The Exclusive Remedy Rule


By Jason Weinstock on September 4, 2009
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I am asked so many questions about whether an injured worker can sue his employer that I have written an explanatory article entitled, “Can I Sue My Employer”.  That article is in the Information Center at https://jhwlawoffice.com/can-i-sue-my-employer.php.  I have included the citations to the Nevada Supreme Court  decisions that discuss the exceptions to the exclusive remedy rule. The exclusive remedy rule is used by employers to defeat lawsuits attempted by injured workers who try to sue employers for  their work injuries.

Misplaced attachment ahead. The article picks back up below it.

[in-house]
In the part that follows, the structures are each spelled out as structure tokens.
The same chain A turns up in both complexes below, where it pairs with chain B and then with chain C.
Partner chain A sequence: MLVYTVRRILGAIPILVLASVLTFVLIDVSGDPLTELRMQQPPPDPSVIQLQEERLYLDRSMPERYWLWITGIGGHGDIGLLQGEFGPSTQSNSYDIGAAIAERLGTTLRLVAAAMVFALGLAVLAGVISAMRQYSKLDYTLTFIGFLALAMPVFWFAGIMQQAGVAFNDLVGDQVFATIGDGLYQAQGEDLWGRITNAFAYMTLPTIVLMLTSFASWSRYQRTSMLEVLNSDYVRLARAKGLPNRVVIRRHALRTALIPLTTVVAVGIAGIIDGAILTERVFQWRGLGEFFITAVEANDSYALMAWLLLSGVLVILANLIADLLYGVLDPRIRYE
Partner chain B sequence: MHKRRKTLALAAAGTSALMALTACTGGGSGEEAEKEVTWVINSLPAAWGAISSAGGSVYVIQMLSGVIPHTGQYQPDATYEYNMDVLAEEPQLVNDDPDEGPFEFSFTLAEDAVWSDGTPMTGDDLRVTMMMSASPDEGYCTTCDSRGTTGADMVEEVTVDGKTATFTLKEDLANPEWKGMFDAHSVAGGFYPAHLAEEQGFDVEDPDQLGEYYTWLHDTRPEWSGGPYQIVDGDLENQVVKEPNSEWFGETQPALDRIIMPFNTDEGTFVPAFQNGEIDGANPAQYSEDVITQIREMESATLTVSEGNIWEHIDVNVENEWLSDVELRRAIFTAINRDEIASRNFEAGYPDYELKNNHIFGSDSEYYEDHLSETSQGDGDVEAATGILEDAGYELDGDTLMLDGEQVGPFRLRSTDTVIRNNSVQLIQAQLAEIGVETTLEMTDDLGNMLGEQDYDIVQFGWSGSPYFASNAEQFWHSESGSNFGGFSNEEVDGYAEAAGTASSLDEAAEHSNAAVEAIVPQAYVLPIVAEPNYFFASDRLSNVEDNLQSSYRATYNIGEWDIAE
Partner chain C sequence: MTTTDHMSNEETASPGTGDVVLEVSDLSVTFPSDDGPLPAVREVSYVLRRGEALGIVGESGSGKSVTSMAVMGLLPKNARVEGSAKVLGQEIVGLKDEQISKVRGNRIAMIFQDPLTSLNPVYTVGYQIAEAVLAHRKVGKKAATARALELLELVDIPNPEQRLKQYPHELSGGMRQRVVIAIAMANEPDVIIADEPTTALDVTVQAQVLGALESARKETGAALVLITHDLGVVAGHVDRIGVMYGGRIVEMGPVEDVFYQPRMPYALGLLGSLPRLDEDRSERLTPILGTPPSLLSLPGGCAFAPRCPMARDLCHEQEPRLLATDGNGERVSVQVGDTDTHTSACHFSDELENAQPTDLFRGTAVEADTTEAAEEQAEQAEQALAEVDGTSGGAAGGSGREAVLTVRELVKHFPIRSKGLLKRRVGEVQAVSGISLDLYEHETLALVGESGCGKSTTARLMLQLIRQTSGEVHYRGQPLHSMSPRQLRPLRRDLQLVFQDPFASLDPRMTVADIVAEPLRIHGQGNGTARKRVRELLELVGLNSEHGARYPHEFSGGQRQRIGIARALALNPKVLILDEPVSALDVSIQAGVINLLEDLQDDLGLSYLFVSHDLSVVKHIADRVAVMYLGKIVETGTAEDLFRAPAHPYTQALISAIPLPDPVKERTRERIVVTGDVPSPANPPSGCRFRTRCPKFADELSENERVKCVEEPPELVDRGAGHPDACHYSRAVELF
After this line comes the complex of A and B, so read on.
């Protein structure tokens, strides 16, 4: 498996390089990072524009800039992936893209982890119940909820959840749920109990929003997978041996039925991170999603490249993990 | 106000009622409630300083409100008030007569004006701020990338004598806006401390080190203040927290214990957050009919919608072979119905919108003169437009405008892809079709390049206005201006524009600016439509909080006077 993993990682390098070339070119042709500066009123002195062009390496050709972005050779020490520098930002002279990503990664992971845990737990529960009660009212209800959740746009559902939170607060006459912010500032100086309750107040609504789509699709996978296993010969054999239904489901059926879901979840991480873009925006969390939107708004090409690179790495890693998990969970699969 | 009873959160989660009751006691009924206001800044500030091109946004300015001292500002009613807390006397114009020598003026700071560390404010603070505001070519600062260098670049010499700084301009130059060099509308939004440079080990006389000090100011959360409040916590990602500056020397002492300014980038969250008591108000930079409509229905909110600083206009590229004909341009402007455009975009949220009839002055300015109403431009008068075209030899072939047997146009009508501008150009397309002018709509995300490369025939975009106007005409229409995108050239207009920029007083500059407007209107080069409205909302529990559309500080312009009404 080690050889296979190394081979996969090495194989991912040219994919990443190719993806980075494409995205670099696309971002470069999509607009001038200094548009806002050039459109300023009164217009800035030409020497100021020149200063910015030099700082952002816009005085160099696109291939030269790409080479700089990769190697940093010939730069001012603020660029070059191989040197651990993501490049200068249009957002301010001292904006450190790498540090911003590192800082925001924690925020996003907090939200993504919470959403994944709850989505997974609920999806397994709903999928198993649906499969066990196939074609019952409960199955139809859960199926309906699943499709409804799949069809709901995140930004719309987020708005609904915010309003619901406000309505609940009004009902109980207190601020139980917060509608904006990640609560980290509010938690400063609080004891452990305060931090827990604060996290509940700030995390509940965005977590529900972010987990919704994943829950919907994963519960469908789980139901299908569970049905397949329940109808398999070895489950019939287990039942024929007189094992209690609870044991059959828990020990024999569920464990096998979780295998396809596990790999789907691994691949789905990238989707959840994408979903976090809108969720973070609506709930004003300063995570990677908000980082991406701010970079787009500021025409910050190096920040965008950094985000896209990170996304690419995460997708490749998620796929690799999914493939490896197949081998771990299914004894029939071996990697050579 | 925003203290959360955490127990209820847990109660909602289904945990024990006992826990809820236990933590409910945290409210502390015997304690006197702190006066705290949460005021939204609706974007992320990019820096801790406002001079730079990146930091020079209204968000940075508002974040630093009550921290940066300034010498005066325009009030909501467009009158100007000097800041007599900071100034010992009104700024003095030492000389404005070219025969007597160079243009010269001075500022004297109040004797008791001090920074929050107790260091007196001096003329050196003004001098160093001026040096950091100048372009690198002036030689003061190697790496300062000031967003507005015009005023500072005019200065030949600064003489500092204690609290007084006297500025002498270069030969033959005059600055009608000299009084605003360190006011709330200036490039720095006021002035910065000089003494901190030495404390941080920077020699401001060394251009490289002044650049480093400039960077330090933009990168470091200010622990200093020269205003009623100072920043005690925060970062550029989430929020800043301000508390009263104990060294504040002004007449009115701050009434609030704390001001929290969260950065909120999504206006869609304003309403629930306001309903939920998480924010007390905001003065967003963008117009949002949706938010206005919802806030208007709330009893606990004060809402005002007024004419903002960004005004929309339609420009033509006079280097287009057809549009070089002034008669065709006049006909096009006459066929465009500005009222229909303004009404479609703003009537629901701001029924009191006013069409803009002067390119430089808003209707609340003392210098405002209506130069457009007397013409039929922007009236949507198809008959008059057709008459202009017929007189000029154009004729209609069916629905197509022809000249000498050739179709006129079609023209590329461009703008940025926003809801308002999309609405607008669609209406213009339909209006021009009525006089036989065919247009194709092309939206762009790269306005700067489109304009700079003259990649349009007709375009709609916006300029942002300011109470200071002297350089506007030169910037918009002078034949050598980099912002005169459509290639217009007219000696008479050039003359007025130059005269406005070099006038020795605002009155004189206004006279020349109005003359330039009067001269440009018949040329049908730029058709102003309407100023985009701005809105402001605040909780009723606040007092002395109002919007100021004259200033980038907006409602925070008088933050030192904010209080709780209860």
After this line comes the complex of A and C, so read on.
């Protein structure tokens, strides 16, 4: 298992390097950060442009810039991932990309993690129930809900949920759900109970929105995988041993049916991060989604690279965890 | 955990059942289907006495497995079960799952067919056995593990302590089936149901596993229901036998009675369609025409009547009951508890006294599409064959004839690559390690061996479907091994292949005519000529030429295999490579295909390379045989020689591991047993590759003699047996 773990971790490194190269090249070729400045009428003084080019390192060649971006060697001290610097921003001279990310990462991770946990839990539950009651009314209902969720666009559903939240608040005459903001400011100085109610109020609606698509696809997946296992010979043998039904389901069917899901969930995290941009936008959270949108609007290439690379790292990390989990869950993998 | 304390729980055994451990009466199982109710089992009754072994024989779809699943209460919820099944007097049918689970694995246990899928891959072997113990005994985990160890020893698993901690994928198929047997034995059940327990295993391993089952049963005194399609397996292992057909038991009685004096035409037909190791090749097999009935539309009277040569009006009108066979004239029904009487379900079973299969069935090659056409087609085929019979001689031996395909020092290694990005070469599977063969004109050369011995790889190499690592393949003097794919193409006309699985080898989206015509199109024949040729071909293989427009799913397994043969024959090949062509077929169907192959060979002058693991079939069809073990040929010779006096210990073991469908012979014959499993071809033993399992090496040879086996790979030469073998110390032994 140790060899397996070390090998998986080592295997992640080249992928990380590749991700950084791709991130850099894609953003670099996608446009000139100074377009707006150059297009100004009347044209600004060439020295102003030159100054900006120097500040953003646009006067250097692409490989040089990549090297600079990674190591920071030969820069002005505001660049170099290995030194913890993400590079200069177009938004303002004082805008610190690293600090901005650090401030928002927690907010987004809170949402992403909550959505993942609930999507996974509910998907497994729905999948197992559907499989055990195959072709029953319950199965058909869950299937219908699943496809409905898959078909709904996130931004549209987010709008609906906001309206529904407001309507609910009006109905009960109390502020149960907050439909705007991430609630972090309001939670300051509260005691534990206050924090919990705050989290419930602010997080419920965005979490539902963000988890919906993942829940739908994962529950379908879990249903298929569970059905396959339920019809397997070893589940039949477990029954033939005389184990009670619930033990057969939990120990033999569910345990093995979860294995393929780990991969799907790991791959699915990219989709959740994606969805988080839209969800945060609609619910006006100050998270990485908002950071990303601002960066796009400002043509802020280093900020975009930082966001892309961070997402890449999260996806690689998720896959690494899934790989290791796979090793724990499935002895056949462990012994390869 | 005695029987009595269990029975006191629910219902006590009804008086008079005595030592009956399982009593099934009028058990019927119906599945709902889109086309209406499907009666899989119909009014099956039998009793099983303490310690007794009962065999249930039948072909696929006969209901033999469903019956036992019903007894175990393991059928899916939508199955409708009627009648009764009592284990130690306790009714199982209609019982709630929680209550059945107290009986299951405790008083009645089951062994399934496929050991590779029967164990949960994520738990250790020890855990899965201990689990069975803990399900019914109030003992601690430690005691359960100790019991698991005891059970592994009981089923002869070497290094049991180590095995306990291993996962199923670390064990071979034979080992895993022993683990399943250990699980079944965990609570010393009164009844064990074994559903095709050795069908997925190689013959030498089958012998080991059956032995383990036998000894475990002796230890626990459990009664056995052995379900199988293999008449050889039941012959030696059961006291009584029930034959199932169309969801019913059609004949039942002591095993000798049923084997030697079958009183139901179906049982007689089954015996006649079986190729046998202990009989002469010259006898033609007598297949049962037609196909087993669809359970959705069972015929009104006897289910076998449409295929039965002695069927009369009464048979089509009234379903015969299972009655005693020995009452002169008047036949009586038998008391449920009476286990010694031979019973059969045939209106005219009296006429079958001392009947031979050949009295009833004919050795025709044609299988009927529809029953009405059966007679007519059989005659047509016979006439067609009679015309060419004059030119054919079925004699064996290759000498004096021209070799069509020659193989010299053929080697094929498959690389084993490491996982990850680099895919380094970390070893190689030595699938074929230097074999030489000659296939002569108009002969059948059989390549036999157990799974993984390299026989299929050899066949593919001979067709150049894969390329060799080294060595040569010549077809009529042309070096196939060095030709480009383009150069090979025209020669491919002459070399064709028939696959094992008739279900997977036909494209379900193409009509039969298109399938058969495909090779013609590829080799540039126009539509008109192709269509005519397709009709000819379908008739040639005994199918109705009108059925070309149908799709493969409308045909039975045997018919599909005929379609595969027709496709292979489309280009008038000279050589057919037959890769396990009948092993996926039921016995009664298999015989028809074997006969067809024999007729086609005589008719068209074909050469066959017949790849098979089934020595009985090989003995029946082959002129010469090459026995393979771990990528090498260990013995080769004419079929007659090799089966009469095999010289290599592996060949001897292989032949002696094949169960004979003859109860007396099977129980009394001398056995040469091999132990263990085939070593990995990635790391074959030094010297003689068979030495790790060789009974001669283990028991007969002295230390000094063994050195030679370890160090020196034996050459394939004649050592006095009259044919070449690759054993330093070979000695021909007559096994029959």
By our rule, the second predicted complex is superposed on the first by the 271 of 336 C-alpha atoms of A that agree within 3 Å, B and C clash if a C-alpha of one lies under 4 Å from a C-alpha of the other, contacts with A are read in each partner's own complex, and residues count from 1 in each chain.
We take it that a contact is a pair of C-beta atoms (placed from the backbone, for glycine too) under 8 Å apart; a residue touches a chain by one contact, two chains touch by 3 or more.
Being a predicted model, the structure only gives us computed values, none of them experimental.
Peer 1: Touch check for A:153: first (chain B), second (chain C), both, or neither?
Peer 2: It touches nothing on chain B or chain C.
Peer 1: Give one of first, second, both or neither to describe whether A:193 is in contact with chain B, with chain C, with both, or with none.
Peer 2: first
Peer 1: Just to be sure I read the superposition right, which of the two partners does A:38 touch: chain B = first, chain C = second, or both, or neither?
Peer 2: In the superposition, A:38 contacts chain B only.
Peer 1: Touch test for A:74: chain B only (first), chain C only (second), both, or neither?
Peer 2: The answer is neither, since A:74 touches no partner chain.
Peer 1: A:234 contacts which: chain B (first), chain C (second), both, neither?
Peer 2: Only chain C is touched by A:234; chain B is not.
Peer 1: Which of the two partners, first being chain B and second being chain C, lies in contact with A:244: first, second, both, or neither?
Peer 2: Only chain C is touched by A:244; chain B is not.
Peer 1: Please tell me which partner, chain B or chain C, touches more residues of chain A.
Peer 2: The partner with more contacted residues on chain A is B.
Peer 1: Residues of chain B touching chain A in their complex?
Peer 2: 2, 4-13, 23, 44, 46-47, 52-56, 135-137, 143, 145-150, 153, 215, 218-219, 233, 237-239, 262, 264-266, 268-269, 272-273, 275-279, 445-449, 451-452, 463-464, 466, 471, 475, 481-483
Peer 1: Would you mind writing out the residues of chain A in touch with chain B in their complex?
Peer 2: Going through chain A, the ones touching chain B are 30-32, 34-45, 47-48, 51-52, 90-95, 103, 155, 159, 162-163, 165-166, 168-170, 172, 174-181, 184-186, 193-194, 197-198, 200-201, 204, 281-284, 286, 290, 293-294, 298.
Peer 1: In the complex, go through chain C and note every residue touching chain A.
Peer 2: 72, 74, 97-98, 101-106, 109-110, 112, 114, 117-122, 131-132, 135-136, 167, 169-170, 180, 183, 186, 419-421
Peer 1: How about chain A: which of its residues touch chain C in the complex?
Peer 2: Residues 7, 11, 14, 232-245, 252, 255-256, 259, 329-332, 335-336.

NRS 616A.010 and616A.020 are the actual laws that contain the language relied on by employers using the exclusive remedy defence.  Those laws say that injured workers cannot sue their employers for a work-related injury or occupational illness, and that injured workers must instead be  compensated with the benefits provided by the laws that make up our workers’ compensation system in Nevada.  However, if the injury is caused by someone other than the employer or a co-employee, the injured worker may also pursue a personal injury action against the person or entity responsible for causing the injury.  The law then becomes very complex in determining who or what is a “co-employee”, or an “employer” for purposes of determining whether a personal injury lawsuit can be brought.  In Richards v. Republic Silver State Disposal, 148 P.3d 684 (2006), the Nevada Supreme Court reviews the body of case law on this topic.

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